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Electrical Apparatus and Hazardous Areas

(Published 2007)

This book gives full information of both electrical and non-electrical hazardous area technology

and covers terminology, equipment marking, ATEX, DSEAR, Area Classification, Types of Protection etc.

Click here for details


Hazardous areas are defined by three main criteria:
  • The type of hazard
  • The likelihood of the hazard being present in flammable concentrations
  • The (auto) ignition temperature of the hazardous material
The type of hazard (Groups)

The hazard will be in the form of a gas, vapour, dust or fibre.

Gases and Vapours

Gases and vapours are categorized in terms of their ignition energy or the maximum experimental safe gap (in respect of flameproof protection).  This categorization leads to the Gas Groups:


Mining Surface Industry
Group I Group II
Propane Ethylene Hydrogen


(The gases noted in the table are typical gases for each group.)

Group IIC is the most severe group.  Hazards in this group can be ignited very easily indeed.

Equipment marked as suitable for Group IIC is also suitable for IIB and IIA.

Equipment marked as suitable for IIB is also suitable for IIA but NOT for IIC.

If equipment is marked, for example, Ex e II T4 then it is suitable for all subgroups IIA, IIB and IIC.


Dusts and Fibres  (Group III)

Group III is subdivided into three sub groups:

IIIA  Combustible flyings

IIIB  Non-conductive dust

IIIC  Electrically conductive dusts

Dusts and fibres are also defined in terms of their ignition properties including dust cloud ignition properties.



The likelihood of the hazard being present in flammable concentrations (Zones)

The likelihood of the hazard being present in flammable concentrations will vary from place to place.  A location very close to an open source of hazard will have a high likelihood of a flammable atmosphere.  On the other hand, outside a flanged pipe containing a flammable liquid, the likelihood of a flammable atmosphere being present is much lower since it will only occur if the flange leaks.  Rather than work with an infinite range of possibilities, three zones are defined.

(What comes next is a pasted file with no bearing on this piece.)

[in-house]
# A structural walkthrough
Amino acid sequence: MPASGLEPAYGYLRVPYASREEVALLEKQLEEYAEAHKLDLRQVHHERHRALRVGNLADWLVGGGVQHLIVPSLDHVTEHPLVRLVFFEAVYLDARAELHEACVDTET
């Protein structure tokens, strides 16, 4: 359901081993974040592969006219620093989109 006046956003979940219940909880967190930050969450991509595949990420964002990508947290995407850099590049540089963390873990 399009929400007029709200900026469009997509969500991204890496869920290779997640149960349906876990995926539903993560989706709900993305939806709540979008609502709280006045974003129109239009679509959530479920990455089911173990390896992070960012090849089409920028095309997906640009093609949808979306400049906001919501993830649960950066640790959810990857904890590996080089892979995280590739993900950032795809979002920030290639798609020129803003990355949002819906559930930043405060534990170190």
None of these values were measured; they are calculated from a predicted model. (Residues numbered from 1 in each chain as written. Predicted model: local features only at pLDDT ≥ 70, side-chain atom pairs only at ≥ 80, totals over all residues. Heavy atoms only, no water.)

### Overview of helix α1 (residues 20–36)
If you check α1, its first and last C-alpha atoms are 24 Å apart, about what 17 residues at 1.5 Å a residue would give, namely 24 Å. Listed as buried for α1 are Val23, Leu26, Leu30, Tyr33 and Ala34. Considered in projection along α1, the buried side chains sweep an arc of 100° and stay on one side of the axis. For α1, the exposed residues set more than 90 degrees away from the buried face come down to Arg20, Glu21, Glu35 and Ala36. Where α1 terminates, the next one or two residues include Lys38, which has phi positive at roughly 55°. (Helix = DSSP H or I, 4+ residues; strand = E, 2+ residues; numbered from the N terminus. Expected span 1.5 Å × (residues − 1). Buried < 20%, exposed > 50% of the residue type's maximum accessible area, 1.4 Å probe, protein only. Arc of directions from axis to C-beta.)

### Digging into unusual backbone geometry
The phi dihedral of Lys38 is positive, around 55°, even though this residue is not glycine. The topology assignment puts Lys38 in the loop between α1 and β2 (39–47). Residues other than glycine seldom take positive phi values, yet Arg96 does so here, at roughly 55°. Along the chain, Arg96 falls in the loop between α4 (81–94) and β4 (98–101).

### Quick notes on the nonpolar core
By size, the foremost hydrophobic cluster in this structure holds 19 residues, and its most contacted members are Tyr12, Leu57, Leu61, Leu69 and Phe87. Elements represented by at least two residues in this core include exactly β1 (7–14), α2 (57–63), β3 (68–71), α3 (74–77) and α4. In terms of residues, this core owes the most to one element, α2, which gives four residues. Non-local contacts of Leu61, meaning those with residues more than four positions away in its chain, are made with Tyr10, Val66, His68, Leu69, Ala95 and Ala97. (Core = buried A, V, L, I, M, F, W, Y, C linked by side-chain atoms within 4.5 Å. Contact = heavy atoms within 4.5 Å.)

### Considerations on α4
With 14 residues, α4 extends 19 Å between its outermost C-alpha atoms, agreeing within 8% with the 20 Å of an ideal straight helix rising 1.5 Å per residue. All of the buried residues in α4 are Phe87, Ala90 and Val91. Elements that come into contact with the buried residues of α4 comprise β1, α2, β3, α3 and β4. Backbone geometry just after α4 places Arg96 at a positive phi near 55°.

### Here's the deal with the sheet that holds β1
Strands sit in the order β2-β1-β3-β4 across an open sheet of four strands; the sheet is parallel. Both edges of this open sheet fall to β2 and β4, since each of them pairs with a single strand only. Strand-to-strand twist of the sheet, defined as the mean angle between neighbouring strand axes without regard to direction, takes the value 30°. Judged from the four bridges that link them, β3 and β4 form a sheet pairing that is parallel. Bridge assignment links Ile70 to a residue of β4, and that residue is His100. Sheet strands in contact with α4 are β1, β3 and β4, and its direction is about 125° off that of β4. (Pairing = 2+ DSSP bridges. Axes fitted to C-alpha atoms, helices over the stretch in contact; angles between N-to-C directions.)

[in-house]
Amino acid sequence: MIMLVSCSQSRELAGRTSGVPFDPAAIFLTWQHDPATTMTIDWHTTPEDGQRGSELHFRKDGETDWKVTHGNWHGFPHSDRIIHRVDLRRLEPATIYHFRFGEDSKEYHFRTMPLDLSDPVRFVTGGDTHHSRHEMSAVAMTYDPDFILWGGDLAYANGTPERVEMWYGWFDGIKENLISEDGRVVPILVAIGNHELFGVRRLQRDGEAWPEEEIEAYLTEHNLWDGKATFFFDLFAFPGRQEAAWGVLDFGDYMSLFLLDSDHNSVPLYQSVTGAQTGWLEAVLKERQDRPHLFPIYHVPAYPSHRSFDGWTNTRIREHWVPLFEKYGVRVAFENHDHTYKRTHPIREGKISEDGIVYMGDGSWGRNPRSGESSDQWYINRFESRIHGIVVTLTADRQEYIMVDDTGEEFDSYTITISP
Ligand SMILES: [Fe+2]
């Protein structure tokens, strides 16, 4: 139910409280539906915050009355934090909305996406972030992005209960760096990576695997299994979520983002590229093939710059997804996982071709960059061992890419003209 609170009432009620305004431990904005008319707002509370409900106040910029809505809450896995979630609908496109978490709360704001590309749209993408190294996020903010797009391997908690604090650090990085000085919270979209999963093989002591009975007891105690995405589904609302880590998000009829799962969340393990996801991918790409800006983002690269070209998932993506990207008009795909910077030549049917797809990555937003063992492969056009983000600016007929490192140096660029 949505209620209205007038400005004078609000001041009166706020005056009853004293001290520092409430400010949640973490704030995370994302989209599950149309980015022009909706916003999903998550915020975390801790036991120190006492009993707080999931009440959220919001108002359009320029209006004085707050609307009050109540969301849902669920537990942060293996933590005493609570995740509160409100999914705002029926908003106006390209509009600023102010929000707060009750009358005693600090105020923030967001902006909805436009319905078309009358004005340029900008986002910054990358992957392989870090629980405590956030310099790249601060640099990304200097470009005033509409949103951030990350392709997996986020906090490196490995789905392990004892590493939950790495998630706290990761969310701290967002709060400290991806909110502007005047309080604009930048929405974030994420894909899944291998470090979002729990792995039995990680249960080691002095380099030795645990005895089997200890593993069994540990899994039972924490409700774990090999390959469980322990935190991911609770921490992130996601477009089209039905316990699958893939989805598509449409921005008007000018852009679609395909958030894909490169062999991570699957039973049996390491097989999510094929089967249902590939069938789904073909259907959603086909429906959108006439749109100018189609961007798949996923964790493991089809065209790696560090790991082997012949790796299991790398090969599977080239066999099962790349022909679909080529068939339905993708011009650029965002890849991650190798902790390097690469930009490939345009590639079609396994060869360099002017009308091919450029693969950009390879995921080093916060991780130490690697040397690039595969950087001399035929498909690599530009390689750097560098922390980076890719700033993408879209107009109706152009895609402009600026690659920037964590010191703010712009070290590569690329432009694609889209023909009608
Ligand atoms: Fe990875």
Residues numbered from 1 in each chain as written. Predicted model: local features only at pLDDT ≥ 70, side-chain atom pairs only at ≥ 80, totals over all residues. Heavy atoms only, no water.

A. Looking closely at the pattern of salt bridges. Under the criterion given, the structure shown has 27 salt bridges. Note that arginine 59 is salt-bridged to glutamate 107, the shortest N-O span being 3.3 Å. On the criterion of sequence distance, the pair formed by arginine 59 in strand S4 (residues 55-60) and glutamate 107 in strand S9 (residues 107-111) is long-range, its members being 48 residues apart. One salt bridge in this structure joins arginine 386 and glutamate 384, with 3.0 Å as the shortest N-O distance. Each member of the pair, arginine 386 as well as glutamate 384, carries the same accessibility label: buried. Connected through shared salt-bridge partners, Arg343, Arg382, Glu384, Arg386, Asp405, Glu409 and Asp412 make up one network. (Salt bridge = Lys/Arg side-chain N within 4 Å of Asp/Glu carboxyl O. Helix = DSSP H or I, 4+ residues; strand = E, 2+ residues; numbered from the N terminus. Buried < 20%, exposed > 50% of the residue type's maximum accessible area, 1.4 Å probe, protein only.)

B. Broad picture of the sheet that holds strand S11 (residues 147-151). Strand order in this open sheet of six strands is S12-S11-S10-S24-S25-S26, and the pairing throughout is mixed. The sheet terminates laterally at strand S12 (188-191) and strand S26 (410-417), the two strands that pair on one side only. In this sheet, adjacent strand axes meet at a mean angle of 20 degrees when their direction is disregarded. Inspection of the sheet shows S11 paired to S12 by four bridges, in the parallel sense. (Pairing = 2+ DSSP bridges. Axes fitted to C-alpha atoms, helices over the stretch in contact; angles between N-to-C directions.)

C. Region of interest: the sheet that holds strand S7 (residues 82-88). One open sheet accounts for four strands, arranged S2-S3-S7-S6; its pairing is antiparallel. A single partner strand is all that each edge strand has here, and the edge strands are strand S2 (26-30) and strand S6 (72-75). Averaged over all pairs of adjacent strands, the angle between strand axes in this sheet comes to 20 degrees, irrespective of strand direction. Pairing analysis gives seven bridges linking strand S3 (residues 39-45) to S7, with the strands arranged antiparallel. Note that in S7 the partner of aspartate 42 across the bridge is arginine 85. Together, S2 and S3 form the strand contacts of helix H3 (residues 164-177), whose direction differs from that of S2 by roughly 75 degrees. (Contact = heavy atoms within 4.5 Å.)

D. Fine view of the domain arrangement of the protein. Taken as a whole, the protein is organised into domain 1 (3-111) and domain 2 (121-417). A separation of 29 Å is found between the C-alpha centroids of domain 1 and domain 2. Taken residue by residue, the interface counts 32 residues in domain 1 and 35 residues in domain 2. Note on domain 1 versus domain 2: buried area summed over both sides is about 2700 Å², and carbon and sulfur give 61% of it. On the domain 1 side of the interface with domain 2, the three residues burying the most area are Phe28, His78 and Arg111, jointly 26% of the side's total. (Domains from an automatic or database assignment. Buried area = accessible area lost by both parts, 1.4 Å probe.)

Gases and Vapours

There are three zones for gases and vapours:


Zone 0 Flammable atmosphere highly likely to be present - may be present for long periods or even continuously
Zone 1 Flammable atmosphere possible but unlikely to be present for long periods
Zone 2 Flammable atmosphere unlikely to be present except for short periods of time - typically as a result of a process fault condition.


Zone zero is the most severe zone (the highest probability of flammable atmosphere presence).  Equipment for this zone needs to be very well protected against providing a source of ignition.


There are three zones for dusts:


Zone 20 Dust cloud likely to be present continuously or for long periods
Zone 21 Dust cloud likely to be present occasionally in normal operation
Zone 22 Dust cloud unlikely to occur in normal operation, but if it does, will only exist for a short period

(The presence of dust layers does not automatically lead to the dust zone.  The likelihood of the dust layer being disturbed to create a cloud needs to be considered.  Dust layers also need careful consideration in terms of ignition temperature.  Because the dust layer can make the equipment under it hotter then normal, a factor of safety is applied to the layer ignition temperature.)